Heathland

Heather commonly grows in northern and western Europe, Turkey, Morocco, and has been naturalized to parts of North America. It is especially relevant to Scotland, where its name is believed to come from the Scottish word haeddre, which was used to describe a heathland, or shrubland.

 

Cleanse and adorn

Ling heathers (calluna vulgaris) do best in full sun with acidic, well-draining soil and the flower’s meaning comes from its genus name, Calluna, which stems from the Greek word kalluno, and means to cleanse or adorn.

 

Homestead

"When the north of Europe was a forest, open land was naturally preferred for the site of dwellings; the heath was the only open land, and thus acquired a name that has been used to designate a field or homestead" (from Alexander Wallace book, Heather in Lore). However, just as willow has connection to the word witch, heather or heath also sources to the word heathen, in which ‘heathen’ gives different resonance to its meaning.

 

Practical

From roofing to bees

Heather was used in thatching, broom-making, rope-twisting, basket-weaving, stuffing mattresses and making dyes. Heather honey was produced by bee keepers, particularly te British Black Bee.

Treatments aplenty

Heather flowers and leaves were used in medicine to treat coughs and asthma and as an ointment for arthritis and rheumatism. There are records dating back to the seventh century of heather’s healing properties..

The Celts often referred to heather as a plant of attraction, romance and intoxication. Ale and mead were made using heather, explaining the intoxication and heather ale is still common.

In the sixteenth century, German doctor Paulus Aegineta noted that the flowers, leaves, and stems healed various types of sores, both internal and external. Nicolas Alexandre, a Benedictine monk, also noted that heather tea could dissolve kidney stones. Today, heather is still used by some to aid in urinary tract and digestive conditions, among other things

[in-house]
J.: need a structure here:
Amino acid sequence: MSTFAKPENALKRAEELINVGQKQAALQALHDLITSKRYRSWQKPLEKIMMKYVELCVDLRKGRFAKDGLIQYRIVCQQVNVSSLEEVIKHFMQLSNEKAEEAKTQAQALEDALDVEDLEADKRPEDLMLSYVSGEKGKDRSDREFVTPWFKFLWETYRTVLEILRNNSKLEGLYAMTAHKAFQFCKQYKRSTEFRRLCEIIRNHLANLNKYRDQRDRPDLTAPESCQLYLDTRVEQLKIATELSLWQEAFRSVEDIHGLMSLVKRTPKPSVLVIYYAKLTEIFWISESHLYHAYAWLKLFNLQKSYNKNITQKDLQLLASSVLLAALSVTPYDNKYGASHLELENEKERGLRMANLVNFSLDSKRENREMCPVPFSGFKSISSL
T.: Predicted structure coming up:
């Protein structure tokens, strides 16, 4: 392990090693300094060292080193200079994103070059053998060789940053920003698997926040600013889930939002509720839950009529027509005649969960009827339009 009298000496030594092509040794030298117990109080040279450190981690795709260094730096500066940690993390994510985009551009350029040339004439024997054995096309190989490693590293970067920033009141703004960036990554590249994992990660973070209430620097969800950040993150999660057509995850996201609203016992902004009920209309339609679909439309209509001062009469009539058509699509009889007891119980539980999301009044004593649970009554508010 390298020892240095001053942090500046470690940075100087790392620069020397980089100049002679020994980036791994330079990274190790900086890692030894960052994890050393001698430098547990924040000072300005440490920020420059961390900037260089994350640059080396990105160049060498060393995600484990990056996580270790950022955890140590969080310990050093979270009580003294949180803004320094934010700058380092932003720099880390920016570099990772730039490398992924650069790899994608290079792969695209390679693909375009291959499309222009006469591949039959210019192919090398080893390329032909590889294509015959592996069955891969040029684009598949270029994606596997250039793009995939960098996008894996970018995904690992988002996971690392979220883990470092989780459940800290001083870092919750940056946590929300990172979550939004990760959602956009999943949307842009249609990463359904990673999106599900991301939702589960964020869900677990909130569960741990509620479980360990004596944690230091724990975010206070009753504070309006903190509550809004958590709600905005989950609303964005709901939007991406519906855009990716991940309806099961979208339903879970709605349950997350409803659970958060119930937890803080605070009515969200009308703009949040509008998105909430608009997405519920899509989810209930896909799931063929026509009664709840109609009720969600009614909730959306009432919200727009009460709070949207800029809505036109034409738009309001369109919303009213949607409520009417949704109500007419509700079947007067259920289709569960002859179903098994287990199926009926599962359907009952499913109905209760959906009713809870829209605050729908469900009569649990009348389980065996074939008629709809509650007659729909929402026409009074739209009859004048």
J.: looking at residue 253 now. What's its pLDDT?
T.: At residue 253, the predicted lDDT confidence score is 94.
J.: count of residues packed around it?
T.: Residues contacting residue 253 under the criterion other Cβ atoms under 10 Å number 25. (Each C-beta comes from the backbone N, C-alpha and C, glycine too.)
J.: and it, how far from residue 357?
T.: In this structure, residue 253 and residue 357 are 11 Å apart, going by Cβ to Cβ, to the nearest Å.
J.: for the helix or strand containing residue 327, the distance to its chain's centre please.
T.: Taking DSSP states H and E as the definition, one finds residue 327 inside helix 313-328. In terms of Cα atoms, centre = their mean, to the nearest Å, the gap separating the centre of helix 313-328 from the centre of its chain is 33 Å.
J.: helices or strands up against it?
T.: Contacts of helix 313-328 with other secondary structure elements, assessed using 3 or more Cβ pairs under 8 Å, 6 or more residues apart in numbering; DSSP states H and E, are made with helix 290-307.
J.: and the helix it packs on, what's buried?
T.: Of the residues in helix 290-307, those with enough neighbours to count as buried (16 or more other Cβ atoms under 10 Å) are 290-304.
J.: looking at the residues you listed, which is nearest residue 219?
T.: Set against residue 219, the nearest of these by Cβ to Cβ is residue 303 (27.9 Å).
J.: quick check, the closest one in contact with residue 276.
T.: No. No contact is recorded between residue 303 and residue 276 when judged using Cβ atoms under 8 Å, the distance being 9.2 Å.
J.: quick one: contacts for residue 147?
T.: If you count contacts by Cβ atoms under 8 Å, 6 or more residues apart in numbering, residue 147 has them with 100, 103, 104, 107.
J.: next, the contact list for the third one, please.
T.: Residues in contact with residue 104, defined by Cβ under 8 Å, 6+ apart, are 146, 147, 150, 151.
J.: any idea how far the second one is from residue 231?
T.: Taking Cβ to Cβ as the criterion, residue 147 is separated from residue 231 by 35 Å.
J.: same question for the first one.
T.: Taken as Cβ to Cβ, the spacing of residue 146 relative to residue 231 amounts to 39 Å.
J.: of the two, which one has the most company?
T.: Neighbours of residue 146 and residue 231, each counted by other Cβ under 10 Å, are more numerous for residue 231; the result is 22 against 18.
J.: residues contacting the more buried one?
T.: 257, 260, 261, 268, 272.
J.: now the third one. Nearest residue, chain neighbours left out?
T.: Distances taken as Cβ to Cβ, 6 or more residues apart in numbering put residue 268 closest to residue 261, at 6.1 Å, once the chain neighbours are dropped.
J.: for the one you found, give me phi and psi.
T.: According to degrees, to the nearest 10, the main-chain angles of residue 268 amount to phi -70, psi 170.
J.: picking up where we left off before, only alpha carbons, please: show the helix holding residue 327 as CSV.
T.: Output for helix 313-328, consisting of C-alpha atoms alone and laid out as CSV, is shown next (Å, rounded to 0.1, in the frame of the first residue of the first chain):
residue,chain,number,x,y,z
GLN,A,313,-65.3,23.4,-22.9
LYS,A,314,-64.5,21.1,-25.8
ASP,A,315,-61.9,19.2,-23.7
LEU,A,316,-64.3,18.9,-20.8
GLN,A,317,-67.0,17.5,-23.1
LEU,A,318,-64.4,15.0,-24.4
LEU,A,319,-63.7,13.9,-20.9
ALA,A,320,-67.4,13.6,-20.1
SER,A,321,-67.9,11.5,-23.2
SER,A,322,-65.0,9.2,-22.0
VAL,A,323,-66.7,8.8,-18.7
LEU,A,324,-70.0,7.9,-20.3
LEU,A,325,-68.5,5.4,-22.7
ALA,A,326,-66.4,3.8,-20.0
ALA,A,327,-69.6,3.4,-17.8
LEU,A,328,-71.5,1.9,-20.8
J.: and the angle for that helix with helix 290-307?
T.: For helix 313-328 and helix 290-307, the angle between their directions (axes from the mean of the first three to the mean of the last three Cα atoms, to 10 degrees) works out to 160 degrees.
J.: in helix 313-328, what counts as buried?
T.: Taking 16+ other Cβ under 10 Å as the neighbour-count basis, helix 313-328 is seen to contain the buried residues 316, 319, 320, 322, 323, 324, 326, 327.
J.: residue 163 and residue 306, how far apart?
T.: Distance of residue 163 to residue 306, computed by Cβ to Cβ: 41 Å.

Mythology

Heathen

A word largely used by early Christians referring to those who dwelled upon the heath and followed the old ways, it later mutated into a word for an uncivilised, godless savage.

Despite this there are some delightful superstitions that still surround heather. The tree of the summer solstice, it is said that heather lights the flames of fairy passions, opening the door between this world and the Otherworld. So, if you wish to attract the fairies, make an offering of heather during Beltane!

Heather is also associated with spiritual healing and development and worn as a charm to protect against violent crime. In the sixteenth century, Clan Ranald believed that they won a battle because they wore white heather in their bonnets, which gave them both luck and protection.

White heather, unselfish love and unlucky to bring indoors have connection in a sad tale that involves a princess called Malvina who fell deeply in love with a warrior named Oscar. On the eve of their wedding, Oscar was cruelly slaughtered in battle and on receipt of this tragic news Malvina wept in despair, holding in her hands the last piece of heather her true love had ever picked for her. So powerful was her grief that her tears turned the heather to white. Desiring for nobody to experience the pain she felt, Malvina made a wish that white heather should hereafter bring good fortune to all who find it.

In Scotland, it is common to include a sprig of white heather in a bride’s bouquet for good luck and at Beltane branches were carried around the fire three times before being raised above dwellings to protect from evil eye. Throwing heather after someone supposed to bring them luck

The skylark (laverock in Scots), is the great singer, high up above its heathland home

do shìomain ruadh
a cuairteachadh nan
iomadh buaile far
nach faighear
aona bhuachaill' on
ghabh thu buaidh

bhrat a chòmhdaich
ceann is gualainn
an tìr a tuath seo,
mar phlaide teann,
thug adhart fighte
do thàmh an t-sluaigh

leann na slàinte
bho'n t-saoghal àrsaidh,
brìgh na meala
dh'an t-seilean dligheach,
buigead bobhstair
do chuspair ruaig

sguab is pasgart
is tughadh daingeann,
do thìr 's do mhuinntir,
ri am an fhòirneirt
na d' bhraidseal clisgidh,
na d'fhalaisg dùsgaidh

your brown ropes
surrounding all
those many folds where
no cow-herds can be
found now, since
you took control

banner that covered,
head and shoulder,
this northern land,
close woven plaid,
a knitted pillow
for the people's rest

an ale for health
from the ancient world,
source of honey
to the dutiful bee,
softest mattress
for fugitives

broom and basket
and close-bond thatch
for land and folk,
in time of onset
a fire to startle,
heathfire to stir life

poem by aonghas macneacail

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